First steps with WordPress: the difference between WordPress.com and WordPress.org

The content management system WordPress comes in two flavours: WordPress.com and WordPress.org. For the non-initiated, it can be confusing to understand the difference between WordPress.com and WordPress.org.

Let’s clarify it here once and for all.

The blatant difference.

WordPress.com is a free hosted platform.
On WordPress.com you can build your own blog or website using the WordPress content management system, for free.

WordPress.org is where you can download the WordPress open source software and install it on your server or web host, to create your own website. The application in itself is free: what isn’t free is the web hosting, which you will need to choose and purchase. You will also need to organise the whole set-up and build of your website.

So the main difference between WordPress.com and WordPress.org is:

  • the .com version is easier to set up, it potentially has no cost but comes with many limitations
  • the .org version requires the cost of an external web host and is more complex to set-up, but it has zero limitations.

Free, but with limitations.

Some of the limitations of WordPress.com can be removed by upgrading to a paid plan. Some others cannot be removed at all.

  1. On WordPress.com you cannot have your own domain name. You will only be able to get a subdomain, which will look something like this: www.mywebsite.wordpress.com. Bit of a mouthful, and doesn’t look very professional. More importantly, using your own domain name is essential if you want to have control of your own content, and not leave it to your provider. When you have your own domain, you can always move your content elsewhere. You can choose to have your own domain name on WordPress.com, but you’ll have to go on a paid plan.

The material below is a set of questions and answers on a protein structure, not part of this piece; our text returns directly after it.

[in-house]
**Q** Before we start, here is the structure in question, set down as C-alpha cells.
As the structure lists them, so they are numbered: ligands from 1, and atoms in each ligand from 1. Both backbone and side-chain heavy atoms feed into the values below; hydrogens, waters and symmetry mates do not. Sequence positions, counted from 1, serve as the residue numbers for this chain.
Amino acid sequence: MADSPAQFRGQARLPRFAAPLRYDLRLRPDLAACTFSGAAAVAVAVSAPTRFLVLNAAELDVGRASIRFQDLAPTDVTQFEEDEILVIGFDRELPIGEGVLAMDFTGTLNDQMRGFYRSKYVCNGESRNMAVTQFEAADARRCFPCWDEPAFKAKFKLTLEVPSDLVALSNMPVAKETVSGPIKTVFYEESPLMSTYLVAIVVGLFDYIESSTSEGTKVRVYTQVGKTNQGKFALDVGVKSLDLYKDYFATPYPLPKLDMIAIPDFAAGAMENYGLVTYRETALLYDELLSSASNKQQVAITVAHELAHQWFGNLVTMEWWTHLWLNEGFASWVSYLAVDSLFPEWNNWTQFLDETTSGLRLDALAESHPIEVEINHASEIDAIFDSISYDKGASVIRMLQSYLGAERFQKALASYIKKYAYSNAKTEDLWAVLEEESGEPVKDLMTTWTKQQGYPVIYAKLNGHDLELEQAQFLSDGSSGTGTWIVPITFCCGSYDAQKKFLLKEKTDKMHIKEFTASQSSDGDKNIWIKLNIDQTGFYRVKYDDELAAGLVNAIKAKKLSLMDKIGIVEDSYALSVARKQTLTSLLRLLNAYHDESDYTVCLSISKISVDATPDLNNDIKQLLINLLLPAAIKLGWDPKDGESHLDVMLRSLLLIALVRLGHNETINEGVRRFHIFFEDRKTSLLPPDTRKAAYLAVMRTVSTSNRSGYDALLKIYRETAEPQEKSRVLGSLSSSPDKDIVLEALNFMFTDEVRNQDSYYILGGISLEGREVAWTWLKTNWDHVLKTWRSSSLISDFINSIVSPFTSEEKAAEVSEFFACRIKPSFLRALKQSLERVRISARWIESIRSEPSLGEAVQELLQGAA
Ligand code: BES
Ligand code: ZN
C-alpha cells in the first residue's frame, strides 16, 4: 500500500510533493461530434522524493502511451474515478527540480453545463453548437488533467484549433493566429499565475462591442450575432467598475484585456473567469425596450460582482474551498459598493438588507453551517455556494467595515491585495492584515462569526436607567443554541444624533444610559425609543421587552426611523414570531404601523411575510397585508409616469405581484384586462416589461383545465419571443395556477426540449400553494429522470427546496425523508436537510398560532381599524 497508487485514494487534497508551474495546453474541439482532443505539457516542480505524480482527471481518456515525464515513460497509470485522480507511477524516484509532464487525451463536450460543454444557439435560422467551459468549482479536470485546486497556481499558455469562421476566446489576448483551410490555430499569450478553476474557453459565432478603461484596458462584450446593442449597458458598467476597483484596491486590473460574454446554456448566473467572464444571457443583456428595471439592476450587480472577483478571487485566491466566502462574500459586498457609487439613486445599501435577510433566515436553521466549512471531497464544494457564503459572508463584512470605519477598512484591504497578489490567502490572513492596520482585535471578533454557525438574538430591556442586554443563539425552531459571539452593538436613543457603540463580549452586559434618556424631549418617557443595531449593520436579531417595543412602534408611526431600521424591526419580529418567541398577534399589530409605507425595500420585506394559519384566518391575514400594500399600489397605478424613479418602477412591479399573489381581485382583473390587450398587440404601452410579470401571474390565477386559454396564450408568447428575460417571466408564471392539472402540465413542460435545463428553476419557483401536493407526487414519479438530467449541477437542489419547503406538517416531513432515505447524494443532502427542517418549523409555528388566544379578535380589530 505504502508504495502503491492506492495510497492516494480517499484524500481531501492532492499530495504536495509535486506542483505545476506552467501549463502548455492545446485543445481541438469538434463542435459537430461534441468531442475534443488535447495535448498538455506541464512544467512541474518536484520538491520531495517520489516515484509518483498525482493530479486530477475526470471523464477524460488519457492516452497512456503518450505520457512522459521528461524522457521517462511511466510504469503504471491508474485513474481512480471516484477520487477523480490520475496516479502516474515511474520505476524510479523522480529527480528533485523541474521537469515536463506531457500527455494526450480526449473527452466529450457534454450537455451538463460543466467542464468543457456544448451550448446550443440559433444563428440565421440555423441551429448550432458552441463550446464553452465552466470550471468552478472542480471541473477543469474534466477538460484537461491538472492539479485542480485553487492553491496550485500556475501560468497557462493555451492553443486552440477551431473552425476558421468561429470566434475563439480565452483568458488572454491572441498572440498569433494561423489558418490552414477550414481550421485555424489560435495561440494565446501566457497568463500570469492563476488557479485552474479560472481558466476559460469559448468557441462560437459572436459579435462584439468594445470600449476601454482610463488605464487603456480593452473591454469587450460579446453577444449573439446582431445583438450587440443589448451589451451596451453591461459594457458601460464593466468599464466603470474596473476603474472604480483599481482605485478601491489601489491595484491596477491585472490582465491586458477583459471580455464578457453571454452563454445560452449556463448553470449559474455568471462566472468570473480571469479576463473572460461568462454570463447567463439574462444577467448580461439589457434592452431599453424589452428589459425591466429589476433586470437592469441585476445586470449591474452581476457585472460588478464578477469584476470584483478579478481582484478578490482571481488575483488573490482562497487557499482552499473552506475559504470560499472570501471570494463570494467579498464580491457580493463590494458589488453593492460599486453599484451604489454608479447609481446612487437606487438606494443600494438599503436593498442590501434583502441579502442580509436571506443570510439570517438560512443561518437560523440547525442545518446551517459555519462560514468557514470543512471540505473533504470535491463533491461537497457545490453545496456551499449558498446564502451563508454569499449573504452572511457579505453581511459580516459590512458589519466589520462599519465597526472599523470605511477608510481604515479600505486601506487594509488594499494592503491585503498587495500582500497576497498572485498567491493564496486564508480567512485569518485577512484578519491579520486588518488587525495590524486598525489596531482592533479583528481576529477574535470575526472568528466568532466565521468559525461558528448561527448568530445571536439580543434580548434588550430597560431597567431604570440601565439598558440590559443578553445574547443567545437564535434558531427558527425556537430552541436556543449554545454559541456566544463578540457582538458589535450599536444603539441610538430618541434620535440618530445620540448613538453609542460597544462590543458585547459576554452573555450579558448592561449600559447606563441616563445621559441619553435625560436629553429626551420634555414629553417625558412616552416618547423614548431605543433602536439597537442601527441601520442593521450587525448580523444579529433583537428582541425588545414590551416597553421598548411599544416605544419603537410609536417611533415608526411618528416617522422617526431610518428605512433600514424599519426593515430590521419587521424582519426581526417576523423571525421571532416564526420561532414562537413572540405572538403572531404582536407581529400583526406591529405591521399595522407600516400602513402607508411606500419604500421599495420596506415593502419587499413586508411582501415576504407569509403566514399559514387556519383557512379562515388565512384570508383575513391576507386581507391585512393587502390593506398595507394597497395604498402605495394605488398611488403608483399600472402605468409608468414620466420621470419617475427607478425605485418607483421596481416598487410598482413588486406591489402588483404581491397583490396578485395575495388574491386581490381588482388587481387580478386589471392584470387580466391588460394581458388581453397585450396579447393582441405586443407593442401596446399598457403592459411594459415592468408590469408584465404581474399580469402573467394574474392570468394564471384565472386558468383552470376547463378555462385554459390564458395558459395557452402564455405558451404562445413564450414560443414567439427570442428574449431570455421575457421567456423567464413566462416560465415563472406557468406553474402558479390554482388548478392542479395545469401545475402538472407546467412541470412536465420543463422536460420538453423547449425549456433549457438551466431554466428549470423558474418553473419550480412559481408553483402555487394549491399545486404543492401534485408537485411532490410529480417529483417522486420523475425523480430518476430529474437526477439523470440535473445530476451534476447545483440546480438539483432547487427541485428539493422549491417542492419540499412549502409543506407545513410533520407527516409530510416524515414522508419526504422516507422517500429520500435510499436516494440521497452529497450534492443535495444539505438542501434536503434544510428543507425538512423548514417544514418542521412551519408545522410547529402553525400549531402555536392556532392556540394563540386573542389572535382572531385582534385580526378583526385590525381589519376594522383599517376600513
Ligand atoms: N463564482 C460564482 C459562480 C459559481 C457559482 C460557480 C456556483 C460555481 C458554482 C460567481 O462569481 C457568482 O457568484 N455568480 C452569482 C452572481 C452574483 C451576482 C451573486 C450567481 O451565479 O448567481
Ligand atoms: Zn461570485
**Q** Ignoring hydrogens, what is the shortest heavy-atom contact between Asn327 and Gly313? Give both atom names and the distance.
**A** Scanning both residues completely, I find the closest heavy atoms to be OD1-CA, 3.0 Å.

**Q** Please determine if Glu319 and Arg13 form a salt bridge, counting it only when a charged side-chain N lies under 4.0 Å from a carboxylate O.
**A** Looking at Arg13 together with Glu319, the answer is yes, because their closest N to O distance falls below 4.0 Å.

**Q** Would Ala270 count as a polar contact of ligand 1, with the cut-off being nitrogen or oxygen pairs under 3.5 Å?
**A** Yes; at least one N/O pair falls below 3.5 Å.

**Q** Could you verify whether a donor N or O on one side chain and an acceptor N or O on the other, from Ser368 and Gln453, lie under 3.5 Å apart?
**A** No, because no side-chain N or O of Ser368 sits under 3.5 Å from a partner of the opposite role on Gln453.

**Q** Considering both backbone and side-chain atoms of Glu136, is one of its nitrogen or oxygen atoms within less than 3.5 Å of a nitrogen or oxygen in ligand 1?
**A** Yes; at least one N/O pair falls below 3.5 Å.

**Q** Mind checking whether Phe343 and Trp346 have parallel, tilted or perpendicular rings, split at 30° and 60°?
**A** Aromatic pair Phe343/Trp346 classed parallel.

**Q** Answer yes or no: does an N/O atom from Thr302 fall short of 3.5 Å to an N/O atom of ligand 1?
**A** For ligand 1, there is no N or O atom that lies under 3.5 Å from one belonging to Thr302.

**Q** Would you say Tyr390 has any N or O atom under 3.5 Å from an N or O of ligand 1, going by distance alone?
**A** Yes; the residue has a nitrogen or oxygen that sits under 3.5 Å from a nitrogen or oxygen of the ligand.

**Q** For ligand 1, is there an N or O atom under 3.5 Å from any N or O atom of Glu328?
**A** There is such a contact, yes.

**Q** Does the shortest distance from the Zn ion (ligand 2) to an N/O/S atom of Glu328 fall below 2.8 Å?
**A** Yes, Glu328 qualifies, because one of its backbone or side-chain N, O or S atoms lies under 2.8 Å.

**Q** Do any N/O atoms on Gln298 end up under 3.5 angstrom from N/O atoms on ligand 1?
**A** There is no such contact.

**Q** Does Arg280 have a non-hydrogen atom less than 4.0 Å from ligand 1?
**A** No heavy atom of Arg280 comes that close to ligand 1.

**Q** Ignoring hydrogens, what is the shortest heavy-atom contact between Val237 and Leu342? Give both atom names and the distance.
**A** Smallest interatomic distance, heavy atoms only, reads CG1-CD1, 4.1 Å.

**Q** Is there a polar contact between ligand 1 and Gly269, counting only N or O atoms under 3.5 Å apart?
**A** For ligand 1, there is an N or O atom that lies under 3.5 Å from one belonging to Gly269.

2. You can only choose from a limited amount of ‘themes’, that is to say templates, to build your site with. For a price, you can choose between unlimited templates.
  3. You cannot upload any third-party plugins at all. This is a major inconvenient. Plugins provide the WordPress platform with extra functionality that’s not present in the core. For instance, you may want a full-width image gallery, or add an events calendar: that’s what plugins are for. No plugins allowed on WordPress.com.
  4. In the same vein, you cannot make any changes to the PHP code of your pages. This may not mean much to you right now, but trust me: it’s painful.
  5. There is no e-commerce solution at all on WordPress.com. There used to be a Shopify integration but it’s been discontinued. This means the only way for you to sell anything is to add a PayPal button to a page or post.
  6. Your pages will have WordPress.com ads on them. You can remove them if you move to a paid plan.

Conclusion

The main difference between WordPress.com and WordPress.org is that the .com version is for amateurs only.

In my opinion, not even the paid plans are ultimately the right choice for a professional website, because they still come with a lot of limitations (no plugins and no e-commerce! And no email opt-ins that use JavaScript).

WordPress.com is a good solution if you are running a blog that’s purely for your own pleasure. A family blog, a private diary only for a chosen few: yes. In this case, I recommend WordPress.com.

Man looking at beautiful mountain landscape. With WordPress.org, the sky's the limit.
Photo by Joshua Earle via Unsplash.com

But if you need a professional website, the WordPress.org option is the only way to go: a self-hosted website is the best solution for a flexible, scaleable, infinitely expandable and powerful future.

Of course, with power comes responsibility: it takes skill, time, effort and financial investment to build and run a WordPress site. But the sky will be the limit.

For a more detailed analysis of why serious bloggers should use WordPress.org, please read this excellent piece by Mark Brinker at Smart Blogger.

2 thoughts on “First steps with WordPress: the difference between WordPress.com and WordPress.org”

  1. OMG! I LOVE this post!
    I am constantly asked the difference between the two and although I know, I find myself getting tied up in detail.
    Thank you Piccia, you’ve nailed it.
    Direct and simple initial explanation of the core differences between the two platforms.
    I’ll be sharing this far and wide!!

    • Thank you so much Elaine, I am very glad it’s been useful. Indeed, it’s confusing even when you do know the difference. Thank you for sharing!

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